When you think about Christmas break in college, you might imagine sleeping in, spending time with family and old friends, and just doing nothing. While it’s true that I did do all of the above a little bit, for me, going home is always a time for recording and composition.
These past three months in Nashville have been a whirlwind of a semester. While this semester started off rough, I’ve finished it having done things I never dreamed I’d be doing so soon. But it was a tough start…
When I went home for fall break in October, friends would ask me, “How is your first semester of college so far?”
“Awful,” I’d tell them. Continue reading “My Best Worst Semester”
As the lone audio engineer for my piano album Airborne, at this point, I’ve done way too much solo piano editing. Am I that bad a pianist? No, but I’m a perfectionist, so I strive to meet impossible standards—especially since I have such a strong idea of how my own compositions should sound.
Even so, editing is much more than finding flawless takes and putting in crossfades to piece them together—it’s about maximizing musicality through artistic and technical choices. While I don’t purport that putting together twenty different segments into one track is as good as playing a perfect take straight through, I will go so far as to say that, when edited well, the difference between a composited track and a one-take track can be minute. However, with any kind of solo instrument recording, making edits is playing with fire if you don’t know what you’re doing. And with piano recordings, their many inherent challenges only pour on gasoline. Even so, by following some simple rules, I’ve found one can safely edit a piano recording: Continue reading “Bright Idea or Playing With Fire? – Airborne Studio Diaries”
I didn’t want to do this, but I’m pushing back my Airborne album release to July 19. I’ve changed my plans, but I haven’t changed my mind—I’m still making an album. I’m going to push through these roadblocks and move forward. Continue reading “Studio Diaries – Airborne, Part 2: The Rubber Meets the Road”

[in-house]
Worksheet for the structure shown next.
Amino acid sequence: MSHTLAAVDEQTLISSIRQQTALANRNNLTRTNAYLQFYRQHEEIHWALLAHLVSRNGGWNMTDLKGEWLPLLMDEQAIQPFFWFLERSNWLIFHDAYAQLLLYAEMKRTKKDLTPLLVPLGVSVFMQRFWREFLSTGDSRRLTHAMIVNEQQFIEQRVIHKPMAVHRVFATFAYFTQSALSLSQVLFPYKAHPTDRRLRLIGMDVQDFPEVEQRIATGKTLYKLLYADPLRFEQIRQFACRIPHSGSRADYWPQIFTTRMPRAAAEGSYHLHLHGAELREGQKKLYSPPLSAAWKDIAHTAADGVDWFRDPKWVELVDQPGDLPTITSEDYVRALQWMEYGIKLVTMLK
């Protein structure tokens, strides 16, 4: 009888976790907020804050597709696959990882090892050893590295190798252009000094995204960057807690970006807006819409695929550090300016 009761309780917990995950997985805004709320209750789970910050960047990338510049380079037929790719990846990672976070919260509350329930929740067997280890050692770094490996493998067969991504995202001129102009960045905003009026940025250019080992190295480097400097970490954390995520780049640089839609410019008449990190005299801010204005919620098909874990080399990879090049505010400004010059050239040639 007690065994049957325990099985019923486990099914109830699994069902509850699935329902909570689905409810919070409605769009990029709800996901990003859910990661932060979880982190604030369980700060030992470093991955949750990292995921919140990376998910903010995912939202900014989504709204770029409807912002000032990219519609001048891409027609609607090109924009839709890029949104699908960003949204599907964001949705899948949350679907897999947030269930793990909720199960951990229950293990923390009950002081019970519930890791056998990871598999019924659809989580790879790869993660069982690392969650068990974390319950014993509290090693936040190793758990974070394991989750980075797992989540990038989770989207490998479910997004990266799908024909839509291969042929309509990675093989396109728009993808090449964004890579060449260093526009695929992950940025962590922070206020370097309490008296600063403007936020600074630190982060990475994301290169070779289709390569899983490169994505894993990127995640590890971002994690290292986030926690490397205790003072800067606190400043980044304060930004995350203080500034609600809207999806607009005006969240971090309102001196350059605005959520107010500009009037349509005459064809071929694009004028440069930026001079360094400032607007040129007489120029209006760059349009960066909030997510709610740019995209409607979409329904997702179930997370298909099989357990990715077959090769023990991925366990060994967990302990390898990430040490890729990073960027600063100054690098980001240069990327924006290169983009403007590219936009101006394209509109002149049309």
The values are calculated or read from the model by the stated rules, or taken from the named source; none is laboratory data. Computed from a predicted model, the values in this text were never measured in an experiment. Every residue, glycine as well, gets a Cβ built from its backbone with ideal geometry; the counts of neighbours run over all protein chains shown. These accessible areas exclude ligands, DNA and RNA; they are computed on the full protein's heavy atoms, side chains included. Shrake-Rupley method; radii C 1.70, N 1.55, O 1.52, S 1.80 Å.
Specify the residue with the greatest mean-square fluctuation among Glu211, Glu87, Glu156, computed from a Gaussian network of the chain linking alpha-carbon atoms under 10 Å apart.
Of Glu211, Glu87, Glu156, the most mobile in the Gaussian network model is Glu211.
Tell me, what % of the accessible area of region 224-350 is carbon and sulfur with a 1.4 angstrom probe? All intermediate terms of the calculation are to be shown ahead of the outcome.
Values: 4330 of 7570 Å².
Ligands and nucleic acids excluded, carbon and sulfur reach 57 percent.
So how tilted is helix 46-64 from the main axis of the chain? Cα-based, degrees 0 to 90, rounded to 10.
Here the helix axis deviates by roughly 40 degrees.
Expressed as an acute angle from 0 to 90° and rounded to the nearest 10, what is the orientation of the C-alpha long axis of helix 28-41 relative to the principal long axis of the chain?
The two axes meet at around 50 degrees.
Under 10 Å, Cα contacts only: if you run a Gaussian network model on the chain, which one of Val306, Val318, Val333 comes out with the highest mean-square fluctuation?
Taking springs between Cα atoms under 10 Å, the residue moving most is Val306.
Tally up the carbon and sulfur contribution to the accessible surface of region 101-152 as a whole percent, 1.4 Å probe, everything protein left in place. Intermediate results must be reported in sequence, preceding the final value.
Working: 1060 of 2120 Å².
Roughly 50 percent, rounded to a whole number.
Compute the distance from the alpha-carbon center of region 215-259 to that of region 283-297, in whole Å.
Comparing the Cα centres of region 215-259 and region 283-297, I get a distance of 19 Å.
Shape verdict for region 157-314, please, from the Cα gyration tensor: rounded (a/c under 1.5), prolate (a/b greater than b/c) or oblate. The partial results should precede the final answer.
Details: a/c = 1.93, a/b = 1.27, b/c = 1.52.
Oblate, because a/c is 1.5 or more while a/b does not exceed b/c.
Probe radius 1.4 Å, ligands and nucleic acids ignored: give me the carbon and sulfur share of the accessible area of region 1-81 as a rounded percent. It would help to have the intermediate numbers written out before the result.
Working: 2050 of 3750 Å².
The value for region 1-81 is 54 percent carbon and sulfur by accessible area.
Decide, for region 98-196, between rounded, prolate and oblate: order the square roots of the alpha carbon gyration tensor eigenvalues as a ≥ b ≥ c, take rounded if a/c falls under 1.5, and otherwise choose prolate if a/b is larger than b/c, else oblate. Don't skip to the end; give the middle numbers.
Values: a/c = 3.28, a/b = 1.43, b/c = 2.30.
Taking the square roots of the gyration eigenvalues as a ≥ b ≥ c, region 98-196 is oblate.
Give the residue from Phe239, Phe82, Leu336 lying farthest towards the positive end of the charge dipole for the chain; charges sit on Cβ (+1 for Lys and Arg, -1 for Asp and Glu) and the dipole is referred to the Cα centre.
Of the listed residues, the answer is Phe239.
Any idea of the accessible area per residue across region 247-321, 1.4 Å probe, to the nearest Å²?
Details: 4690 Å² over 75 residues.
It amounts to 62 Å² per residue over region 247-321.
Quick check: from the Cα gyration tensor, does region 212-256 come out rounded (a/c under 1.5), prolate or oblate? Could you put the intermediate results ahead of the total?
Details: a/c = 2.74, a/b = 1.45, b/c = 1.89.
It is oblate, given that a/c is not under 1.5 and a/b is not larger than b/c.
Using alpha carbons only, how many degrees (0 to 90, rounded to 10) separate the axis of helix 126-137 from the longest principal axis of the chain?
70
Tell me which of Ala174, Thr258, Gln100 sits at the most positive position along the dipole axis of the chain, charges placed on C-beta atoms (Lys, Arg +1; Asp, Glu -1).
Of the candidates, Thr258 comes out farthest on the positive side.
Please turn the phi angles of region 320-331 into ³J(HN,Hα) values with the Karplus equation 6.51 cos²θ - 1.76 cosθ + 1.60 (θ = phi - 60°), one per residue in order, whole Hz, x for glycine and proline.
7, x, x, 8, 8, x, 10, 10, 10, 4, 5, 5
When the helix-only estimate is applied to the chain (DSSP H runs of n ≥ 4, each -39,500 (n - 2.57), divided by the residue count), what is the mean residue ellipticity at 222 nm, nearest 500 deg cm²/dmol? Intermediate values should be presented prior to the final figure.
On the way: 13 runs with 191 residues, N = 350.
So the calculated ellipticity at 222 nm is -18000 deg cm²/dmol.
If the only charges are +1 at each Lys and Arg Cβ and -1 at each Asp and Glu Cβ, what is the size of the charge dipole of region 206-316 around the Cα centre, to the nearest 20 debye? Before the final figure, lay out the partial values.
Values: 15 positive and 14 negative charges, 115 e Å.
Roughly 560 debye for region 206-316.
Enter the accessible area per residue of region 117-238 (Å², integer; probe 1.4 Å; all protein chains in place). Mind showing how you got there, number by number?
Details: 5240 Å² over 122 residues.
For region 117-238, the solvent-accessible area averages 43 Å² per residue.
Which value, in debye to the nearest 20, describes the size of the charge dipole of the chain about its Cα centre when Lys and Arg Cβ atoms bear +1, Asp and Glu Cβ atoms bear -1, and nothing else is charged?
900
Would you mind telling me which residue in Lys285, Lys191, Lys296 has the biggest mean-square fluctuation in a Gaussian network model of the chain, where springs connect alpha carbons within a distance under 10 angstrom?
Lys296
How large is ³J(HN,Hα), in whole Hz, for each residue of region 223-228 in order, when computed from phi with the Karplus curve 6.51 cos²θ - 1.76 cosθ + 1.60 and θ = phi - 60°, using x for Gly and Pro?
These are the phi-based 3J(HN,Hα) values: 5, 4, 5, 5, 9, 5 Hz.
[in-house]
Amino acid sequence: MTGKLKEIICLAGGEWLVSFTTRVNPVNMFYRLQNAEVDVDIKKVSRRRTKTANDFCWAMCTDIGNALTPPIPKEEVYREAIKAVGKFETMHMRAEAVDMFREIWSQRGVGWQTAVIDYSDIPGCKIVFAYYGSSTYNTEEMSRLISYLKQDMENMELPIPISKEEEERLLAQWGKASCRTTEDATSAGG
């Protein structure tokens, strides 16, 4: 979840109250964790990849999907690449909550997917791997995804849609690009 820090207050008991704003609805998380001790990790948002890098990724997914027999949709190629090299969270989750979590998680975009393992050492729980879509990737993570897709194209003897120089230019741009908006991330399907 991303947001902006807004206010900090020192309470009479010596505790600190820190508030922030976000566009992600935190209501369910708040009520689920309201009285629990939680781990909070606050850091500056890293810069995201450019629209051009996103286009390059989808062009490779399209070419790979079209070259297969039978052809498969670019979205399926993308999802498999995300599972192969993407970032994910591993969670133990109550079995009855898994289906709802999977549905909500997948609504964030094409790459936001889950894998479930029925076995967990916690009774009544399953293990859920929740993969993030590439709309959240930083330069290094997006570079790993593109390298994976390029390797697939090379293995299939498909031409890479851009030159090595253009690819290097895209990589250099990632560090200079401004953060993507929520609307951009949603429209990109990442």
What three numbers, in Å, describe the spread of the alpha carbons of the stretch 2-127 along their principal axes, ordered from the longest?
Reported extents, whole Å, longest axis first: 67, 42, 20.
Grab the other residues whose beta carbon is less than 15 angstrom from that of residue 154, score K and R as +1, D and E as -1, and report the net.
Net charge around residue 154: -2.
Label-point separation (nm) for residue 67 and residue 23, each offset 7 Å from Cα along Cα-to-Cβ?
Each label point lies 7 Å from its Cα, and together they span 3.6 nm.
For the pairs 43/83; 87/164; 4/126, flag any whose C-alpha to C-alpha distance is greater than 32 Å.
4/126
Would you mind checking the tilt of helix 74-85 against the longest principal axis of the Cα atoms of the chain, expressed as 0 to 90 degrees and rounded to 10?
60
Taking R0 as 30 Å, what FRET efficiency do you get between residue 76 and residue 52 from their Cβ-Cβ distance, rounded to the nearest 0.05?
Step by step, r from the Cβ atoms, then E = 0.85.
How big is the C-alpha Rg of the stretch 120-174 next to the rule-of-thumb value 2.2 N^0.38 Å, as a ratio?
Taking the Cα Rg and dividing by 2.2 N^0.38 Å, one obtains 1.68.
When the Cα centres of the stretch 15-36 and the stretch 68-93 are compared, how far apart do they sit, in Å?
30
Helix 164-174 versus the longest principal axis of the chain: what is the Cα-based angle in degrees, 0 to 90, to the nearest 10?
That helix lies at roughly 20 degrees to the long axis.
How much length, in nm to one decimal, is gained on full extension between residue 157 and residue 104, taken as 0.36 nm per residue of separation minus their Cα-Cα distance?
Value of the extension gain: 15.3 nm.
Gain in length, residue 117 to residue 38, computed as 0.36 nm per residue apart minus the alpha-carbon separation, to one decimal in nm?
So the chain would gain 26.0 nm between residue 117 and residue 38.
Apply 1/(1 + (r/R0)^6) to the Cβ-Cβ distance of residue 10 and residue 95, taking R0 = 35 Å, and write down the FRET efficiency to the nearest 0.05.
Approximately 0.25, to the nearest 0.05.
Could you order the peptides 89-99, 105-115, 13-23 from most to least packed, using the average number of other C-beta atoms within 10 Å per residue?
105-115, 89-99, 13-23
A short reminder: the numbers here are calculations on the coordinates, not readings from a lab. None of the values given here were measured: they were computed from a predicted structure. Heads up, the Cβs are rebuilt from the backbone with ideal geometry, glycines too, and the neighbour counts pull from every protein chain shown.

After five years of studio work, I somehow continue to hope that, maybe, my next recording session will be “normal”—no technical problems, no surprises, and no burnout. But I’ve never had a “normal” session. Apparently, in the studio, exceptions are the rule.
Recently, as I’ve been recording my piano album Airborne, every day has been an exception: five-hour experiments gone bad, poorly timed thunderstorms, and unexpected results. Don’t believe me? Read on. Continue reading “Exceptions Are the Rule – “Airborne” Studio Diaries, Part 1″
May 18. The day is burned in my mind. It ominously looms over me like a storm cloud, on the verge of raining havoc upon my world. So what dreadful tribulation shall befall me on this date?
May 18 is my album’s tracking deadline.
No big deal, right? Wrong—I still have to finish writing one of the pieces (which I’ll refer to as “F Minor” for now) on the album. That’s a serious problem—really serious. Continue reading “288 Hours”
Recently, I’ve decided to release my first-ever solo piano album. In addition to composing and performing every piece on the album, I will be producing and engineering the project myself. I’m also directing the marketing, promotion, and finances. In other words, I’m doing the whole thing on my own. (Hence, my lack of updates lately.) I know there are significant advantages to pulling from others’ talents for a project, but at this stage in my career, I’m doing the album by myself to learn. Am I crazy? Maybe. Am I a control freak? Not exactly. Let me explain… Continue reading “My First Solo Album: What’s REALLY Involved?”
I know, I know––It’s been a few weeks. I’ve been in the studio a lot.
Since my music school audition is coming up, and since I’m applying as a composition major, I need to send in recordings of my work. For better or for worse, I don’t separate my work as an engineer from my work as a composer, so the recording quality, as always, is of utmost importance to me.
In my last post, I mentioned in passing that I wrote a new piano composition. Well, now I’m getting ready to take it to the studio. It’s called “Equinox,” and it’s eight minutes long, in the key of Db (also modulating to Ab and Gb/Ebm), has lots of tempo changes, uses nearly the entire keyboard, and requires all three pedals (yes, even the middle one). Recording it, to say the least, is going to be challenging.
While one might think it would be easy to record one acoustic instrument, personally, I find it much harder to do well. It’s so much more exposed; you can’t hide your problems. There’s no covering up bad edits or poor tone-quality by burying it among other tracks. With this kind of recording, you hear it all––the good and the bad.
Too many composers and songwriters just sit around and wait for creativity to happen. But the truth is that, most of the time, by making yourself write, you inherently have to be more creative to be able to put something on the paper in the first place.
I used to be the kind of composer that just waited around, and I often moved onto new pieces whenever I hit the “barrier.” I used to think that forcing yourself to be creative stifled creativity, but now I see otherwise. Continue reading “Composer’s Block: Pushing Past the Walls”